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‘£3.2m reserves is £1m too much’ for Hyndburn Council
A COUNCIL has come under fire for ‘banking’ £1million instead of spending it on services or cutting council tax.
However the leader of Hyndburn Council said it would need ‘robust reserves’ if it were to pull off an ambitious bid for local business rates to be slashed.
Leader Miles Parkinson was criticised by the opposition for ‘overcharging homes’ in the decision to keep reserves at £3.2million instead of the government’s recommended £2million in fallback cash.
However Coun Parkinson said the authority was hoping to persuade the government to slash ‘crippling levels’ of tax on Hyndburn businesses. If successful, the bid would affect 40 per cent of the council’s funding which comes directly from business rates.
Coun Parkinson said: “We are very keen for the government to revalue business rates. The last time this was done the economy was on the up and rates were charged accordingly. Since then things have gone quite downhill.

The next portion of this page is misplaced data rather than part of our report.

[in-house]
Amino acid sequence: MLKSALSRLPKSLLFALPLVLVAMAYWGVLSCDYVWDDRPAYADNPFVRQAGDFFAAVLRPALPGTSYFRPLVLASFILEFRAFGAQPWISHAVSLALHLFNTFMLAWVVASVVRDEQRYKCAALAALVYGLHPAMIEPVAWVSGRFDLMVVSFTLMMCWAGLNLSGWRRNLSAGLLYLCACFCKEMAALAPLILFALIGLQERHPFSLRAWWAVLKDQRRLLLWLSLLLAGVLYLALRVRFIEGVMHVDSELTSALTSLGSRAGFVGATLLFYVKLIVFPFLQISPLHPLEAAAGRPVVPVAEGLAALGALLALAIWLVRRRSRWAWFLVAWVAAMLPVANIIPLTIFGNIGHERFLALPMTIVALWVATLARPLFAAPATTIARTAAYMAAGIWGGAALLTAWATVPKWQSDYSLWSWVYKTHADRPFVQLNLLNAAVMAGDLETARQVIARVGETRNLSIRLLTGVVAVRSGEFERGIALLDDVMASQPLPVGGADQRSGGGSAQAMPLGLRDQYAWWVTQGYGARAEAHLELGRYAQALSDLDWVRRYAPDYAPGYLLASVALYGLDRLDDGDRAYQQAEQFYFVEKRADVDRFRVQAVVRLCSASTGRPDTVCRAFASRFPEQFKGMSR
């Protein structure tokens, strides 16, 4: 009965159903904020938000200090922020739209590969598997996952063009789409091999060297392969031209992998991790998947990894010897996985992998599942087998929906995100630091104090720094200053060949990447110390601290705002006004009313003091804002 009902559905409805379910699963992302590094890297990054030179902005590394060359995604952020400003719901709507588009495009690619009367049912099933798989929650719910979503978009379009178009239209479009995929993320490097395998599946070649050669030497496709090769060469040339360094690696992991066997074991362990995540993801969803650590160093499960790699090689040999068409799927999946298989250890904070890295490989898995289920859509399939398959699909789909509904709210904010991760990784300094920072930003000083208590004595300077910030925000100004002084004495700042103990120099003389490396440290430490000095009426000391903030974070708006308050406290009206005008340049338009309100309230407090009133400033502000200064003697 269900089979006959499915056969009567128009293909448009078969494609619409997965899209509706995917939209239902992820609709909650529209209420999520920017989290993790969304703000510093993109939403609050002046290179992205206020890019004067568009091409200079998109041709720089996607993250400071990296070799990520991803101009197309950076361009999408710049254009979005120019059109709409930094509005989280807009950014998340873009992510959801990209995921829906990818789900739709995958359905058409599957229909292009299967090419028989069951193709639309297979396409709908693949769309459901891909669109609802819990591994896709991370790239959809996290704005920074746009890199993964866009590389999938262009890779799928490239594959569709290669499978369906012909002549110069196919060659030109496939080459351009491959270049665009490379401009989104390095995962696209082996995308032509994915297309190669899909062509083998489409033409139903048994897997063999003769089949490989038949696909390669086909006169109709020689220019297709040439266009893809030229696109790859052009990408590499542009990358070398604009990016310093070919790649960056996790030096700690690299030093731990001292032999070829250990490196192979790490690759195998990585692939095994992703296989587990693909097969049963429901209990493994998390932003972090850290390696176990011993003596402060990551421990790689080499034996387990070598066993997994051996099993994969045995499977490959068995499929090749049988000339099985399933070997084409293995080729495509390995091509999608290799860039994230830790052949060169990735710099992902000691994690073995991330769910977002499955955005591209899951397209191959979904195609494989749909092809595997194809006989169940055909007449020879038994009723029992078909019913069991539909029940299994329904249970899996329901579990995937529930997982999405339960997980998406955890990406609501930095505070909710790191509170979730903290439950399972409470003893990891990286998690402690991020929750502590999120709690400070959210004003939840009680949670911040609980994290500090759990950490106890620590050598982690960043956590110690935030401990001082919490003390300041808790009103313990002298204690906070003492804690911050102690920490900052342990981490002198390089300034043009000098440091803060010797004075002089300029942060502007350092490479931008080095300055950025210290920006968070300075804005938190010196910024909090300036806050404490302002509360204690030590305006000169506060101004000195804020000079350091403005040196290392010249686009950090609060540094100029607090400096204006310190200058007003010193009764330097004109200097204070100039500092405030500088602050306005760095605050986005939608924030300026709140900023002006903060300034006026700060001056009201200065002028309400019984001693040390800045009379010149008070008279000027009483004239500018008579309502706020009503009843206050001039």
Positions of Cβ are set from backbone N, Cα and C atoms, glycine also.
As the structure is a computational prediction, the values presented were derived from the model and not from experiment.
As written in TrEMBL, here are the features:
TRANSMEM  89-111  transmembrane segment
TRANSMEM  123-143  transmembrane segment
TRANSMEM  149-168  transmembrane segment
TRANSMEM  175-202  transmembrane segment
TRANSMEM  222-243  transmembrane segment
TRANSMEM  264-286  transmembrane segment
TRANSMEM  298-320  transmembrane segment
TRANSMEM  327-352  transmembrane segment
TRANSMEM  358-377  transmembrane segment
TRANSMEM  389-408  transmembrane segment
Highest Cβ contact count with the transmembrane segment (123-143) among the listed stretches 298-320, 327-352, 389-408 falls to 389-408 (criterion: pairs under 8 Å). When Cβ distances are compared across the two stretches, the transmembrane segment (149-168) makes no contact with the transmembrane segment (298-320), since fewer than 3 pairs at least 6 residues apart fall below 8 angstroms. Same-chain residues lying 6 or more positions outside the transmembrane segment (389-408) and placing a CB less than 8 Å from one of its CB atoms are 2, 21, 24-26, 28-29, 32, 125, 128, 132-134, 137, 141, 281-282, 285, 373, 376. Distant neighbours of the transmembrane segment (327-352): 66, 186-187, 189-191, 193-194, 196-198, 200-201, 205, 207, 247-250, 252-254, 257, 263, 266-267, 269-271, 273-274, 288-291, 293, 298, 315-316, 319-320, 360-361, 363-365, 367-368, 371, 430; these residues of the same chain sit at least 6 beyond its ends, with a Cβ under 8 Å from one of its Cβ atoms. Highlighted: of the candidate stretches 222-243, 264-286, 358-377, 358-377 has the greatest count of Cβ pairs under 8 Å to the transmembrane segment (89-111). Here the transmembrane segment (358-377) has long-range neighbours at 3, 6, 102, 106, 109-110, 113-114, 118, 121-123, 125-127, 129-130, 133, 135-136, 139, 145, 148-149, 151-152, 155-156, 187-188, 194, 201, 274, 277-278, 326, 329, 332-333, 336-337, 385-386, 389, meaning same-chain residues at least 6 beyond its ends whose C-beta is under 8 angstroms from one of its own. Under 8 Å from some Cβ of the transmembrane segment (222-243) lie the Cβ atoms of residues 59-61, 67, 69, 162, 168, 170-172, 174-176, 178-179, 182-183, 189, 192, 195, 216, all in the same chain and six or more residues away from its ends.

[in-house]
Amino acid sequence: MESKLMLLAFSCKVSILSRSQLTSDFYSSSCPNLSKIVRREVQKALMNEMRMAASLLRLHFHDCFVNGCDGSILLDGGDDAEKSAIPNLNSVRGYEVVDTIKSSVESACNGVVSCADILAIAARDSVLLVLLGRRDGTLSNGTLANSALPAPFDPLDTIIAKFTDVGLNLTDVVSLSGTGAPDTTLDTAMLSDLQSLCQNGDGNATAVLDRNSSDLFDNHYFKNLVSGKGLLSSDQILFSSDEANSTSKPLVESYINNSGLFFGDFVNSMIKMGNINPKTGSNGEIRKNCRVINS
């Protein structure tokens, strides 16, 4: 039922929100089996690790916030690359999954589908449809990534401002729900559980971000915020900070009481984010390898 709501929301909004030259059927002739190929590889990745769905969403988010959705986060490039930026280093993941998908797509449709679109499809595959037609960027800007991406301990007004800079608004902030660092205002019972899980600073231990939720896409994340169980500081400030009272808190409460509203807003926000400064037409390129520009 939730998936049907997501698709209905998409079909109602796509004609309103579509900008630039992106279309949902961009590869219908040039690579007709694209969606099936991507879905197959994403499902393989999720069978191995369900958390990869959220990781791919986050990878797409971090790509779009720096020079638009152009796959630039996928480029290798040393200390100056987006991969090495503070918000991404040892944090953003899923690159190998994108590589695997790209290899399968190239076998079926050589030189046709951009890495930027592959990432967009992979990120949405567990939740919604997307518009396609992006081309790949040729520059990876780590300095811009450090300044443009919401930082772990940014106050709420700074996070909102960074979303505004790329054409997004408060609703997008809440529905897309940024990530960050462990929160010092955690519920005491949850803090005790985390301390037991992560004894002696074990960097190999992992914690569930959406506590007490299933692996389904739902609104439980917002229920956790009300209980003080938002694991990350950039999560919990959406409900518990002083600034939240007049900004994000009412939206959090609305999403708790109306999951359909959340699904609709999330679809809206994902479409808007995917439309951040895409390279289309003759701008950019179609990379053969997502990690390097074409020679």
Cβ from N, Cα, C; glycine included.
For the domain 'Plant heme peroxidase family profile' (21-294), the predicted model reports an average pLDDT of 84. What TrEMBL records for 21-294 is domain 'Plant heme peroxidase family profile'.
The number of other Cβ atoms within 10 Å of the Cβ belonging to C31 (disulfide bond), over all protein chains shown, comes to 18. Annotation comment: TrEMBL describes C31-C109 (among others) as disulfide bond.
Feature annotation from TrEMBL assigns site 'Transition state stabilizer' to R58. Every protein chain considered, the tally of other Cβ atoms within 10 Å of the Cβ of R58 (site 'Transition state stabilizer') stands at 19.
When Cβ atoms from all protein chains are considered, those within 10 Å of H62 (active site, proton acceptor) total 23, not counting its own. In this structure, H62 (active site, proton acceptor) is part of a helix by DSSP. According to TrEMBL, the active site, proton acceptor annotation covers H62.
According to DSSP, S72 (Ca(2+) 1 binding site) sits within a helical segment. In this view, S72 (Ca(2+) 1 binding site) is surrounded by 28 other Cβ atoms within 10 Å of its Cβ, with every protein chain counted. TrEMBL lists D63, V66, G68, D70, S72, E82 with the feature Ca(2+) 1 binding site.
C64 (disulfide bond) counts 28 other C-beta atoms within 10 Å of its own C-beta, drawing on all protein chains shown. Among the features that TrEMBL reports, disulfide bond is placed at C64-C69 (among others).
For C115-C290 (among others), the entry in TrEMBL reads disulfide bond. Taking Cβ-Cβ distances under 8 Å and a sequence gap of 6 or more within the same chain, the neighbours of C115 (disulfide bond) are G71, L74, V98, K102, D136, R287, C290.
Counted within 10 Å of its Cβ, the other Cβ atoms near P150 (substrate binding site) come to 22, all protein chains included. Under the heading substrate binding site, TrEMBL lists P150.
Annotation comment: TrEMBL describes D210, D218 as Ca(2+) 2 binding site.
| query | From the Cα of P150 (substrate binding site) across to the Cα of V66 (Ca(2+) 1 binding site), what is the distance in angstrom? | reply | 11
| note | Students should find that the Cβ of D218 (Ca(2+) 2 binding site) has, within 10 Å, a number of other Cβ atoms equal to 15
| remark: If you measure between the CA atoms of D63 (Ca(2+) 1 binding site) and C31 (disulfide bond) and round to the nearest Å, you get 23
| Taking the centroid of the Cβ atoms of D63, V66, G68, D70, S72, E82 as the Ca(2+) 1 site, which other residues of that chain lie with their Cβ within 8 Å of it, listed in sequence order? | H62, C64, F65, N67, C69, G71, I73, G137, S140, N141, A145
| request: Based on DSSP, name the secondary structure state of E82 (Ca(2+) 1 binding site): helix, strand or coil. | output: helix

“What we are hearing from businesses is that they are finding the amount asked of them to be completely crippling.
“But in order for them to pay less we have to be prepared. If the government listen to us and do as we ask, it affects 40 per cent of our grant from government.
“That will see us receive much less in future years. We are willing to do that, but we would need to plan ahead and have robust reserves to stay afloat.”
Opposition leader Peter Britcliffe said not using the cash this year was a ‘lost opportunity’. He said: “That money could see a very significant cut on council tax for homes who desperately need it. To me, it’s not a reserve but the result of overcharging homes in Hyndburn when there was no need to do so.
“The council could have also used it to regenerate the economy. Hoarding it away for a rainy day is futile.
“It is raining today, and not just raining it is pouring.”
A spokesman for the Department for Communities and Local Government, which is responsible for the collection of business rates, said: “We have no plans to revalue business rates as it is done every five years and is not due for some time.
“However any proposal sent to us by a council will be looked at and considered thoroughly.”